He had a disastrous experience when he put Berkshire-Hathaway into US Air. When a Columbia Univ. student asked him why he did it, Buffett replied "My psychologist asked me that too. Actually I have an 800 number now which I call if I ever get an urge to buy an airline stock. I say, 'My name is Warren, I'm an air-aholic' and they talk me down."

    (from The Warren Buffett Way)

    Deb McAdams writes:

    Again and again.

    To beat the Social Security in a private account is not the point.

    You are not taking into account payments for the contemporary generation. Once those payments are taken into account, few investment schemes consistently beat Social Security, nor has anyone presented a reason, even in theory, why a given investment scheme should beat Social Security.

    Please be a little more honest in the future.

    There's a couple lessons in here.

    First, it is harder than it looks to translate theory into pratice for most people.

    Second, there's good reason to be suspicious of investment theory. This isn't physics or chemistry, after all, where you can perform rigorously controlled experiments to prove the theory right.

    Randy writes:

    Bryan,

    Re; Clive Granger: "I would rather spend my time enjoying my income than bothering about investments."

    I agree with Mr. Granger. In my opinion, the basic problem with Social Security is that it removes this choice. When did society start thinking it is necessary to protect people from freedom? Yes, I may end up poor and/or unable to retire. So what? Its my choice. You're afraid of free-riders? Only because you seem to think society has a duty to support people who prefer a life of freedom to a life of security. It doesn't. Ask them. They'll tell you.

    Robin Hanson writes:

    It is clear doing that most requires courage. Apparently many of these guys can think and speak clearly. But when it comes to doing ...

    Will Wilkinson writes:

    Hey Bryan, Here's a research idea. Find out whether the investment behavior of economists with more pro-market ideology is more consistent with economic theory than economists with less pro-market ideology. That would be interesting. You can call it "Putting Money Where Your Mouth Is."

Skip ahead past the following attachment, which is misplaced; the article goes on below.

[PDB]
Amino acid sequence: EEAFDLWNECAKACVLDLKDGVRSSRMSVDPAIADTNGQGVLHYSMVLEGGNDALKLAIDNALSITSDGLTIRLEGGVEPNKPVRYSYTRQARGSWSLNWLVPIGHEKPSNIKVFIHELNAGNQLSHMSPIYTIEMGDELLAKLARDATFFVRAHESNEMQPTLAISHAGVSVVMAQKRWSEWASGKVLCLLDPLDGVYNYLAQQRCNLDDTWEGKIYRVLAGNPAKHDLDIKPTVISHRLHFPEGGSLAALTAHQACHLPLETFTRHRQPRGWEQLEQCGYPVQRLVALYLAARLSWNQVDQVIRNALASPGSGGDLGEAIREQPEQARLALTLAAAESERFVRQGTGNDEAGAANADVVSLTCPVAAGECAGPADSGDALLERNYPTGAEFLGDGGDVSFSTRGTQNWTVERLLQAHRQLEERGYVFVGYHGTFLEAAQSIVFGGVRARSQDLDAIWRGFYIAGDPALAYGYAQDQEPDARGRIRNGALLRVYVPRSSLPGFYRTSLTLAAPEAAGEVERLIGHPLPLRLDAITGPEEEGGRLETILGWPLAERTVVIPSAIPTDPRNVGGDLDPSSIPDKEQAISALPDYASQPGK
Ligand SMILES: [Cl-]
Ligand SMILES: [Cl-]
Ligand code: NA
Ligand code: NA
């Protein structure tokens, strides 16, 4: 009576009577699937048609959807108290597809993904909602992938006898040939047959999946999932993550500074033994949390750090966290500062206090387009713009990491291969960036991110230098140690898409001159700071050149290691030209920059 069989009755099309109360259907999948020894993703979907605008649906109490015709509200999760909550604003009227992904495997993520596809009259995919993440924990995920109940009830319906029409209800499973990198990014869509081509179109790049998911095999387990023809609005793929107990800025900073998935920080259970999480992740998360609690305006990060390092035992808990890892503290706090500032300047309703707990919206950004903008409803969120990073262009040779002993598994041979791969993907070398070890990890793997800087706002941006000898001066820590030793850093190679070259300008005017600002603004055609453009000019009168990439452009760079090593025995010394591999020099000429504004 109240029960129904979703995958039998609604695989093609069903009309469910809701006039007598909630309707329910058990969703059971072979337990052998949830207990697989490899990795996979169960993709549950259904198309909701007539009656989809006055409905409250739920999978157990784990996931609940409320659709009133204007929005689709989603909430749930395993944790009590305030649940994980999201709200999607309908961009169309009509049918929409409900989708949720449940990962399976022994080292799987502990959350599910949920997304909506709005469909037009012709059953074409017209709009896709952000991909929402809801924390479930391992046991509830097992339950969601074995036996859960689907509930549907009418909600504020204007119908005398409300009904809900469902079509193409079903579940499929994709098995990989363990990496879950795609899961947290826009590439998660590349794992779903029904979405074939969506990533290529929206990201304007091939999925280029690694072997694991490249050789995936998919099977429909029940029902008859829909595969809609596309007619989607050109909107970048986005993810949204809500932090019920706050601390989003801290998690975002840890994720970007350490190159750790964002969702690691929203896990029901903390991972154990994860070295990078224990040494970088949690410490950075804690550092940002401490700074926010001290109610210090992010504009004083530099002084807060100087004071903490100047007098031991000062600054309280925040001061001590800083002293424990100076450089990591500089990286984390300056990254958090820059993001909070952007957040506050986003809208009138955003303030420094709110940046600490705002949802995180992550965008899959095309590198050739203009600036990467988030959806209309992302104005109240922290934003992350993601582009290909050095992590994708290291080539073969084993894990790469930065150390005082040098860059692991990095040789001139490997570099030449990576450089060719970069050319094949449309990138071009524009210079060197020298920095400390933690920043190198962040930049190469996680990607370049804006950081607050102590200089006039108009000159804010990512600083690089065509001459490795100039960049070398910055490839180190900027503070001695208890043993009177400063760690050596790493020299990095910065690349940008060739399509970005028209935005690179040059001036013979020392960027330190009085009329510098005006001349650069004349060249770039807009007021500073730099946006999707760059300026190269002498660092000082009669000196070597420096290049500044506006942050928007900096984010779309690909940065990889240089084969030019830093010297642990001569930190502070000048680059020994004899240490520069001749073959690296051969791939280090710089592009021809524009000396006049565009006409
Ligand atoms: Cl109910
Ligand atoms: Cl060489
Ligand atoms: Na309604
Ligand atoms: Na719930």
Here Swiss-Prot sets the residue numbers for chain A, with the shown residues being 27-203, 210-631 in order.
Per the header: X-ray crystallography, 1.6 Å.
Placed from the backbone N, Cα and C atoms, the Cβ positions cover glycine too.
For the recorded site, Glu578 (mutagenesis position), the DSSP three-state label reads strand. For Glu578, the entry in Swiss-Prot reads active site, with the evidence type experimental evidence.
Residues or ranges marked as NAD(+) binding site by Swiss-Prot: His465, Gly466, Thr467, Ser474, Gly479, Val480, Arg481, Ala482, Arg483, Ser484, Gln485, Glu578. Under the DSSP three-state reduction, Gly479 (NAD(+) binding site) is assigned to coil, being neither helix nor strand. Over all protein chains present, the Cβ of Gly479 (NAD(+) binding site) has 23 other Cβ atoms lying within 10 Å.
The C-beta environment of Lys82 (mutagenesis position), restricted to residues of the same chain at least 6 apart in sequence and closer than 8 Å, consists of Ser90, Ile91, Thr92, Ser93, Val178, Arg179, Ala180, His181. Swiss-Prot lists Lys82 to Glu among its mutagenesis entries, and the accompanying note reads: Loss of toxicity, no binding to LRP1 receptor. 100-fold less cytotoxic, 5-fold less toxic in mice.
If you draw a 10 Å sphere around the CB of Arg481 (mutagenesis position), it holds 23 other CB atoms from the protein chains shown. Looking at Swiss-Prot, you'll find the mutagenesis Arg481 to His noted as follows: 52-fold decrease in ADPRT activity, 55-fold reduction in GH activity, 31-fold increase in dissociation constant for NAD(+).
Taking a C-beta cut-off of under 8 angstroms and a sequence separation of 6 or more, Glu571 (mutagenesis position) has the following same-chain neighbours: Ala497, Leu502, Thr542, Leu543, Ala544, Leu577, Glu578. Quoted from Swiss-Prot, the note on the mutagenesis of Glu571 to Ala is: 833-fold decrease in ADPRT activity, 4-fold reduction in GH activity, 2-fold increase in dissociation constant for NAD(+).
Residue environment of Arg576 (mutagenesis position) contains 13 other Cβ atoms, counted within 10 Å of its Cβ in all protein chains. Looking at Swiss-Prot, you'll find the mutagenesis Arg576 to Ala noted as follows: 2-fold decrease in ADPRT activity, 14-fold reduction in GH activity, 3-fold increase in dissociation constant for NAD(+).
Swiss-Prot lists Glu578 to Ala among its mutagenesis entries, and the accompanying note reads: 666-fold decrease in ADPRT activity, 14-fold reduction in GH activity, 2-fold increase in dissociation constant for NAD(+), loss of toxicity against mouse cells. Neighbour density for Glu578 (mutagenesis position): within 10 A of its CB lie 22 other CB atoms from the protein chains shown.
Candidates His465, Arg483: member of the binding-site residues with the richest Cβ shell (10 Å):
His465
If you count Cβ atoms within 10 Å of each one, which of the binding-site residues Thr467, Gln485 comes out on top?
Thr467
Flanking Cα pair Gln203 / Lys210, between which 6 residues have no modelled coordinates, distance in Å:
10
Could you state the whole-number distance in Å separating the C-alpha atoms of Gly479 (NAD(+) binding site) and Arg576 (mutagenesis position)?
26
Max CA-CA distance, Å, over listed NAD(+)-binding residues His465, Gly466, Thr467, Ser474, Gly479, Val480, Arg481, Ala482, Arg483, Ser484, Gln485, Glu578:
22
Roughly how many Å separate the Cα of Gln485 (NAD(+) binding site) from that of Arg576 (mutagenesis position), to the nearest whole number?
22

Bob Dobalina writes:

    Is the typical American brainy enough to buy a well-diversifed stock-heavy index fund when young, and gradually move to lower-risk investments as he nears retirement?

    Didn't Ibbotson, Sinquefeld, and others show, for withdrawal rates greater than 4%, that staying in equities until death was a better strategy than shifting into bonds?

    You are not taking into account payments for the contemporary generation. Once those payments are taken into account, few investment schemes consistently beat Social Security

    That would be the 'sunk cost' fallacy.

    Btw, this news article isn't the worst thing that's been said about Akerloff. I've been told (privately) something about: '...sense...come in out of the rain."

    Bruce Cleaver writes:

    Randy wrote:

    "In my opinion, the basic problem with Social Security is that it removes this choice."

    That is also an enviable feature. Not everyone is cut out for doing the hard work of investing and risk-taking - Daniel Kahneman for example.

    Don't misunderstand me; I want the choice as much as any of you. Not everyone does, though, and I bet that sliver of citizenry is larger than most of us think.

    Bruce Cleaver writes:

    The supreme irony is that Daniel Kahneman is a celebrated researcher in Prospect Theory, risk, and decisions under uncertainty.

    Randy writes:

    Bruce,

    If you are correct, that there is a large group of people who favor security over freedom, then let's have a voluntary program. Certainly this large group can come up with sufficient funds collectively to take care of their security needs.

    Bernard Yomtov writes:

    Why the superior tone and accusations of foolishness?

    The first three quotes are clearly defensible, especially Markowitz. Isn't one of the insights of portfolio theory that the investor's principal decision is allocating investments between risky and risk-free assets, and that there really is no optimum allocation, but that it simply depends on the investor's risk preferences? So Markowitz made that decision in accordance with his risk preferences.

    In hindsight he would have made a different allocation. Big deal. In hindsight we all would have invested differently. Why does that make Markowitz' decisions "stupid?" That's like saying that not going to Las Vegas and betting on red is stupid, because after all red came up twice in a row.

    As for Granger and Kahnemann, isn't there a case to be made, to put it mildly, that the best thing for an individual to do is just invest in a broad market portfolio? Isn't that what you more or less advocate in this post? So if Kahneman and Granger do that, and don't spend a lot of time fretting over which biotech startup is going to be the big winner, their behavior and statements make perfect sense.